Evolution At Work: Why Running Feels Great
Working out is good for you, but unlike so many other things that are good for you, it also has the bonus of feeling good, too. Commonly referred to as “runner’s high,” the high comes from chemicals produced by the body called endocannabinoids, which trigger pleasure centers in the brain – pleasure centers that are not unlike those activated by cannabis derivatives, hence the name.
The pleasurable reward is one of evolution’s ways of keeping us moving; humans could run longer distances escaped from predators, and could therefore breed; the extra benefit of the runner’s high increased those early humans’ ability to keep running. Today, that pleasure is all the more crucial considering how much more sedentary we’ve become as a species since the Industrial Revolution.
Of course, we humans aren’t the only animals that run, but most of nature’s other notable runner aren’t bipeds like us. Do our four-legged friends also experience runner’s high? Did they make a different deal with evolution, beyond having four legs and no thumbs? A research team based out of the University of Arizona decided to find out, publishing their findings in The Journal of Experimental Biology.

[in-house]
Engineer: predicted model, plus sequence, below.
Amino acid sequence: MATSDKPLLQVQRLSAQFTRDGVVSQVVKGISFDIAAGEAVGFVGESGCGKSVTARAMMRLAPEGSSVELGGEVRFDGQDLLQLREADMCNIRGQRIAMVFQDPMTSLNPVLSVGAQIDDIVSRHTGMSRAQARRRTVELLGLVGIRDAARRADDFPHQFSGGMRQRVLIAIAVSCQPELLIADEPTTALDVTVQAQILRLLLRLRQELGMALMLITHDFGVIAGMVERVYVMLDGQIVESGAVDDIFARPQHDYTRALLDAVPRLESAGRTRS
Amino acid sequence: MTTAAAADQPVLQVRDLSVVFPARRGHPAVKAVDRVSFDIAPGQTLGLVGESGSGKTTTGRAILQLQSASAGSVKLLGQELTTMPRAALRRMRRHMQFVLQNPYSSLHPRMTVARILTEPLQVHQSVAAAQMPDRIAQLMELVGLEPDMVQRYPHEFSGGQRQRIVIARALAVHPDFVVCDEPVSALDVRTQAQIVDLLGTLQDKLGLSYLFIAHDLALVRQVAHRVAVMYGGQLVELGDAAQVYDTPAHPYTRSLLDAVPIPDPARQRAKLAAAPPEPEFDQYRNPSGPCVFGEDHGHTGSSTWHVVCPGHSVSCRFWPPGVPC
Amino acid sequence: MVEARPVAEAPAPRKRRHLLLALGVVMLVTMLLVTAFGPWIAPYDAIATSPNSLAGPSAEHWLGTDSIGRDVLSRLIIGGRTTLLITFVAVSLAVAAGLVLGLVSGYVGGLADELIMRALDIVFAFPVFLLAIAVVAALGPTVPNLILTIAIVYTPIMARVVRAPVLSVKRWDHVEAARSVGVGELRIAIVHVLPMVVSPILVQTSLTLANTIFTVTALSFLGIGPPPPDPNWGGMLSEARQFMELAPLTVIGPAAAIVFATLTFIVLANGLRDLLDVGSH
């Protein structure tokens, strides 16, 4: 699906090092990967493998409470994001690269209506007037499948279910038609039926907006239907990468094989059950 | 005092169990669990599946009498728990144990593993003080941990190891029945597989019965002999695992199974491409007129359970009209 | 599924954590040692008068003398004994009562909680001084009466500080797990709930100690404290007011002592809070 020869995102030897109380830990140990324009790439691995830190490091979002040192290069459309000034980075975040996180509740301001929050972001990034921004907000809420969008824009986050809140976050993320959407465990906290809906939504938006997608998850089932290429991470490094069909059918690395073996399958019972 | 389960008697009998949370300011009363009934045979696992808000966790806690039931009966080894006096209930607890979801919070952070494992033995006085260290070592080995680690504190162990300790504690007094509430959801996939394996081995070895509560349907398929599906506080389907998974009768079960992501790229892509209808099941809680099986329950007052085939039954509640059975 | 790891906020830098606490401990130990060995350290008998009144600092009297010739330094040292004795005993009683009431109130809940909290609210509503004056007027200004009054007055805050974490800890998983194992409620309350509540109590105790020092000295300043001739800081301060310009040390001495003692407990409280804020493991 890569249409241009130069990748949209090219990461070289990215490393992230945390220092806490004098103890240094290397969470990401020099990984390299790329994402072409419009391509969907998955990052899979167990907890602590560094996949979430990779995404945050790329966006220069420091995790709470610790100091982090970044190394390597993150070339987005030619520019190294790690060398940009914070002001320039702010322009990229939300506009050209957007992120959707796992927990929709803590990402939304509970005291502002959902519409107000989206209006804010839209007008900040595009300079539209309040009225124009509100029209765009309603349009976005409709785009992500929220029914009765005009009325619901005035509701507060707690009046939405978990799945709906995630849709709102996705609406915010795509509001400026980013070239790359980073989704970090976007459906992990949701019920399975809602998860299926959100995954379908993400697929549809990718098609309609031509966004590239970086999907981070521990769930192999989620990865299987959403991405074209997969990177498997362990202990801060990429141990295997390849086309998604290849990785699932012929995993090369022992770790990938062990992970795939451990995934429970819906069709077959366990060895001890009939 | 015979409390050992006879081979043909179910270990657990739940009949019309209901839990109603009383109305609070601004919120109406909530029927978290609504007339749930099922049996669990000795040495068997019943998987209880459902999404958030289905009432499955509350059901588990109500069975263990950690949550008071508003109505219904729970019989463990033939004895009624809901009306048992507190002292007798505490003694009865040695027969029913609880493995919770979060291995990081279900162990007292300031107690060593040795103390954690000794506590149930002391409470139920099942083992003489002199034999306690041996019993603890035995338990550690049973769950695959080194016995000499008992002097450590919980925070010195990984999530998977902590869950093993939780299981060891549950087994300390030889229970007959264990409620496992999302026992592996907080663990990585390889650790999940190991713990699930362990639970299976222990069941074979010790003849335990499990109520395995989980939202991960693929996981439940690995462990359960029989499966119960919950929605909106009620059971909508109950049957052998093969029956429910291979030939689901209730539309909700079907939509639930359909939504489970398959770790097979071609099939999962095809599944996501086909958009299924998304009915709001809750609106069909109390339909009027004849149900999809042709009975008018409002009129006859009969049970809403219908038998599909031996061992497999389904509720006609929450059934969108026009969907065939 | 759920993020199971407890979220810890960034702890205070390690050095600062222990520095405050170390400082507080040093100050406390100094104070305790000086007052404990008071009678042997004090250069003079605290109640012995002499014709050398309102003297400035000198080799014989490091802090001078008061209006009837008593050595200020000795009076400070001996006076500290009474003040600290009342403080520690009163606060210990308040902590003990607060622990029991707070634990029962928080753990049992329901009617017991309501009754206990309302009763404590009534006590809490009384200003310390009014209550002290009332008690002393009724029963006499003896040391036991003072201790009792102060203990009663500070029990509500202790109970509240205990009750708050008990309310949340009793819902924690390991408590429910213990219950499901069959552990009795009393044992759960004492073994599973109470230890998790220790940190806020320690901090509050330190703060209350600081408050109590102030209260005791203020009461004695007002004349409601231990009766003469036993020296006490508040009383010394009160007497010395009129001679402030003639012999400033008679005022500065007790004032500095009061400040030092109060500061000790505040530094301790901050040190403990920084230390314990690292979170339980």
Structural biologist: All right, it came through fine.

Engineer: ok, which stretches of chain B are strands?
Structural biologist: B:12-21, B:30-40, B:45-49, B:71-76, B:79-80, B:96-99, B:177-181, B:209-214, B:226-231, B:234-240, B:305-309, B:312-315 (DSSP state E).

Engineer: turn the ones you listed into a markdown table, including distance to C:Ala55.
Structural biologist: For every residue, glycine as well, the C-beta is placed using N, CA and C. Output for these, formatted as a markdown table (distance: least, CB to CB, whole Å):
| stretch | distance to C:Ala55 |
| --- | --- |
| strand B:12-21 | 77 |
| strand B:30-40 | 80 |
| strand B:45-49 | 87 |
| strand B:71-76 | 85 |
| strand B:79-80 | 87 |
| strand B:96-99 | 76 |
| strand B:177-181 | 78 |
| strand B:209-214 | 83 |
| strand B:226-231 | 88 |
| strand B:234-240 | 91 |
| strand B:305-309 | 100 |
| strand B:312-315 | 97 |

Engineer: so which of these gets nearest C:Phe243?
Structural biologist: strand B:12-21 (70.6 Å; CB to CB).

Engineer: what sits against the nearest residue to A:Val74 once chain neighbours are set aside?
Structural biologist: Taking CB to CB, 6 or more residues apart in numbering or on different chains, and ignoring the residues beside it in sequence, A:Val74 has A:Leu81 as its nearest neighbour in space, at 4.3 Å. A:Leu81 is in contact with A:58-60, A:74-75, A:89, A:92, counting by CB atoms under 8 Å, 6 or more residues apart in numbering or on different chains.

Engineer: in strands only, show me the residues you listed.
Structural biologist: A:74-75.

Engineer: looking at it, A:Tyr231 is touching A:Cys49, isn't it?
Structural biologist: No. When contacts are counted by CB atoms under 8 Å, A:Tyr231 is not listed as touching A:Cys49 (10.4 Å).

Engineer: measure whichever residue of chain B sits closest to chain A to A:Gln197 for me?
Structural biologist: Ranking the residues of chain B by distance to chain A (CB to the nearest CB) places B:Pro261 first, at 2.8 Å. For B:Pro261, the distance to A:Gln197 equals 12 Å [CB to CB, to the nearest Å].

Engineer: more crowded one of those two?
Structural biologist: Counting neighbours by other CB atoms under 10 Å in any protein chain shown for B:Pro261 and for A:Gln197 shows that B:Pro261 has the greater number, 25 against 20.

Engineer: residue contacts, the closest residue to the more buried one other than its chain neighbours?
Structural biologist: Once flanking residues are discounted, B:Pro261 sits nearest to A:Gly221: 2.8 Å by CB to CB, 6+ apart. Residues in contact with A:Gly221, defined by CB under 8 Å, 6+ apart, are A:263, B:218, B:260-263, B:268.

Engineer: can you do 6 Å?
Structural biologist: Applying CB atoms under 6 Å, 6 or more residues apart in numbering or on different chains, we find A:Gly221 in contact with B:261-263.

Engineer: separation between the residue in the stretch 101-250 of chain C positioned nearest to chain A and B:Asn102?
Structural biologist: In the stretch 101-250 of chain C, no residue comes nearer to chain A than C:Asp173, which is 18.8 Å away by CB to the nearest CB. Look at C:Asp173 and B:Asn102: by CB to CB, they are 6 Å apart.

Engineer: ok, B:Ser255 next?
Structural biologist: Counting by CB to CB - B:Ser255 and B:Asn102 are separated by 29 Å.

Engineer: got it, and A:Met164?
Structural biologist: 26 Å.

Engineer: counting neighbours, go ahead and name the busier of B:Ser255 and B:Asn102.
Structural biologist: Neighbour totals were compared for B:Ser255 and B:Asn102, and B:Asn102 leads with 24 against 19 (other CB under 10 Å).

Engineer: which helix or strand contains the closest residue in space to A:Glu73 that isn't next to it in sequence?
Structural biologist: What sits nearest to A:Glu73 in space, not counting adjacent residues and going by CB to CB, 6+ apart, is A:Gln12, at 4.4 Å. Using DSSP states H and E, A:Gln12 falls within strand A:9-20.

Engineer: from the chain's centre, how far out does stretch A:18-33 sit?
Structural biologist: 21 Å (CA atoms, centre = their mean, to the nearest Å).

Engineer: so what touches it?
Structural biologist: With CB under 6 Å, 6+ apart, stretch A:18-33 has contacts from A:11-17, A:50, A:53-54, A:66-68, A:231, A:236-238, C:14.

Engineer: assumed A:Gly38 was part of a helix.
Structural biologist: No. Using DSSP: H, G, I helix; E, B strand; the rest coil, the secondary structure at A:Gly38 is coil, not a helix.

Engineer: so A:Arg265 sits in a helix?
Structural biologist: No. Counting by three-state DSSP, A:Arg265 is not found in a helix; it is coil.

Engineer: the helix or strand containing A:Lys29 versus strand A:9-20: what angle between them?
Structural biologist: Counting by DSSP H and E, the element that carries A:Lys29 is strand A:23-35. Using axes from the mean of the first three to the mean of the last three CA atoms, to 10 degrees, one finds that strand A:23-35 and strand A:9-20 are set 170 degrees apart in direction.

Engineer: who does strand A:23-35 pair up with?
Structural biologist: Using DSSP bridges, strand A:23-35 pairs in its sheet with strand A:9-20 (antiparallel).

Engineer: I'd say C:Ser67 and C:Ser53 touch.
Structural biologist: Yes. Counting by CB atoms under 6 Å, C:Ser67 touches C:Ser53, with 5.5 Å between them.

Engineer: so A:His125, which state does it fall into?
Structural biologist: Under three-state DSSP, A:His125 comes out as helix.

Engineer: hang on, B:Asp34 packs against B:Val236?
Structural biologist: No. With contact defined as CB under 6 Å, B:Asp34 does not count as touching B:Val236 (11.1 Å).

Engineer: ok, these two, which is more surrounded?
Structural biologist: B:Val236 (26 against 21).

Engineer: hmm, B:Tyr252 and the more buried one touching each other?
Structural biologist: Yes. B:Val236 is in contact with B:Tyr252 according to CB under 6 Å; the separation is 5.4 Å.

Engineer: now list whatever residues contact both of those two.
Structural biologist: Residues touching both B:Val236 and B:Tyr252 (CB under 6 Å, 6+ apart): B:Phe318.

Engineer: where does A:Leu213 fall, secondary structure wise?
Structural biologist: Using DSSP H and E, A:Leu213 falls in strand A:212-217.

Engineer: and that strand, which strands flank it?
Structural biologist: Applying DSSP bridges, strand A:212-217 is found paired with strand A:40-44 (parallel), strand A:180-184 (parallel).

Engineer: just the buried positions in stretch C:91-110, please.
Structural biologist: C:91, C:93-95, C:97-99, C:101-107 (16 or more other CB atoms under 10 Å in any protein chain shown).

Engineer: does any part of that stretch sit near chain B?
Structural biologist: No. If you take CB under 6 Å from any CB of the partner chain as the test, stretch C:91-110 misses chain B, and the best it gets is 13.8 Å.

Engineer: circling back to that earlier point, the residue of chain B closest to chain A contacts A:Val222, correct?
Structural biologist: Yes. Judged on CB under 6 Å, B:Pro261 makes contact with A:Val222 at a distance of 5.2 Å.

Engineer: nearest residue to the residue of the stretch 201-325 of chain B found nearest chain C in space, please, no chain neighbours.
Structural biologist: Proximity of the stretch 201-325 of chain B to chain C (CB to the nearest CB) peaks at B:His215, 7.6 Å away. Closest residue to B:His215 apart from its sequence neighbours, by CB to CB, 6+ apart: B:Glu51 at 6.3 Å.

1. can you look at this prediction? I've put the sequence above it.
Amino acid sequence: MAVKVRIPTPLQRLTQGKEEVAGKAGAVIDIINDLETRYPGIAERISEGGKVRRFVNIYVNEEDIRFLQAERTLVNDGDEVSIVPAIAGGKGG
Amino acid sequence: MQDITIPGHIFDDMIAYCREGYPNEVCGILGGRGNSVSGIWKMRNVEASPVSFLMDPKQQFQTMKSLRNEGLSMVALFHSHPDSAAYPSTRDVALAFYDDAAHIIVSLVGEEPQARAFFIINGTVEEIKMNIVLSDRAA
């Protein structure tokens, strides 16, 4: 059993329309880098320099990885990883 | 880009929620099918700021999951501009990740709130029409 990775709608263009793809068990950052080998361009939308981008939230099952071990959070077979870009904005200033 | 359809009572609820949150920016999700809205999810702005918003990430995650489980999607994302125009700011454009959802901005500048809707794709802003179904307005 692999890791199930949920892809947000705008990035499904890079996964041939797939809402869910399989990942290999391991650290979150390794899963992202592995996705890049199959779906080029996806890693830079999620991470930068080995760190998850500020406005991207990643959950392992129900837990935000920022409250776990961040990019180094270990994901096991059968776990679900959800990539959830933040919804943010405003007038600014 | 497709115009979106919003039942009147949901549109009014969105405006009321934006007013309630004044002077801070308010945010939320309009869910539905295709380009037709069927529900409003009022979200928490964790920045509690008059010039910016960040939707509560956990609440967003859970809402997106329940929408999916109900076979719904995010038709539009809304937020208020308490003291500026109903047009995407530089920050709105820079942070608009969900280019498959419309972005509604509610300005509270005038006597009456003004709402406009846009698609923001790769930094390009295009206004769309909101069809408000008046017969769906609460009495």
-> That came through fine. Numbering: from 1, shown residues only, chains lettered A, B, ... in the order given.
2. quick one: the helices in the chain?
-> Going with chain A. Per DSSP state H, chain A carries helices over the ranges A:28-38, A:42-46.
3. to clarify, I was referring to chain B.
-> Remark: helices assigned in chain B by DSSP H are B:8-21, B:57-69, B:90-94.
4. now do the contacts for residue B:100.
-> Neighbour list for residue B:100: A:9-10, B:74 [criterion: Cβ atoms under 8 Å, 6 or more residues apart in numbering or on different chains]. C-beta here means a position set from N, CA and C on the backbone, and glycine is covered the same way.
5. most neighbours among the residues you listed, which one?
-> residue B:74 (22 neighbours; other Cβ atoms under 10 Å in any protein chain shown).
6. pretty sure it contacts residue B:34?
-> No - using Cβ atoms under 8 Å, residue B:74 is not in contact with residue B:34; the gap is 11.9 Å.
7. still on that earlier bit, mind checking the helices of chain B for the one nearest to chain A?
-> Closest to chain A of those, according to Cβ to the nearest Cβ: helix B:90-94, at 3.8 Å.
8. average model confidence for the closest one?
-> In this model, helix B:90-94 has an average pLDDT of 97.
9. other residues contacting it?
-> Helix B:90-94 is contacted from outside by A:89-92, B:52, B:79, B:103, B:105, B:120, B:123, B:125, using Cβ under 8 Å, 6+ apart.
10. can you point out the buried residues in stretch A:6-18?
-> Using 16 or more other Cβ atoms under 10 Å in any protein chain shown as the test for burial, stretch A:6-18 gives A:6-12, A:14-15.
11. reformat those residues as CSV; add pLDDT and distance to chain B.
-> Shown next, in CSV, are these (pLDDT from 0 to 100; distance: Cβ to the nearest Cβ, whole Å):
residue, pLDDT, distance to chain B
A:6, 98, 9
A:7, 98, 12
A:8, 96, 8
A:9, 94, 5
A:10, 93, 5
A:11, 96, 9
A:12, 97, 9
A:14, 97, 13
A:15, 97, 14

The researchers recruited ten volunteers, all of whom already ran for pleasure on a regular basis. The researchers also gathered up some dogs, which are typically cursorial animals (or, in layperson’s terms, active mammals), as well as a group of ferrets, who are non-cursorial (non-active).
In The Lab
Blood samples were taken from the human and canine participants before and after running thirty minutes on a treadmill; the ferrets, along with being non-cursorial, were also uncooperative, so the researchers were only able to sample the ferret blood during after they were done on the treadmill and during rest. (Overall the ferrets wanted nothing to do with the research.)
Analyzing the blood, the researchers found that there had indeed been a sharp increase of endocanniboids, especially anandamide, in both the humans and the dogs. The ennocanniboid levels in the ferrets did not change at all, and it couldn’t be explained away by not having gotten blood samples right the ferrets ran. They simply did not experience the runner’s high.
They also discovered a correlation in the human volunteers between how good they said they felt and how much their individual ennocanniboid levels had increased; the better their post-running mood, the more anandamide was revealed to be in their systems.
Running: it’s good for you, and it provides, a good, free, natural high, which is definitely the best kind. Go for a run today!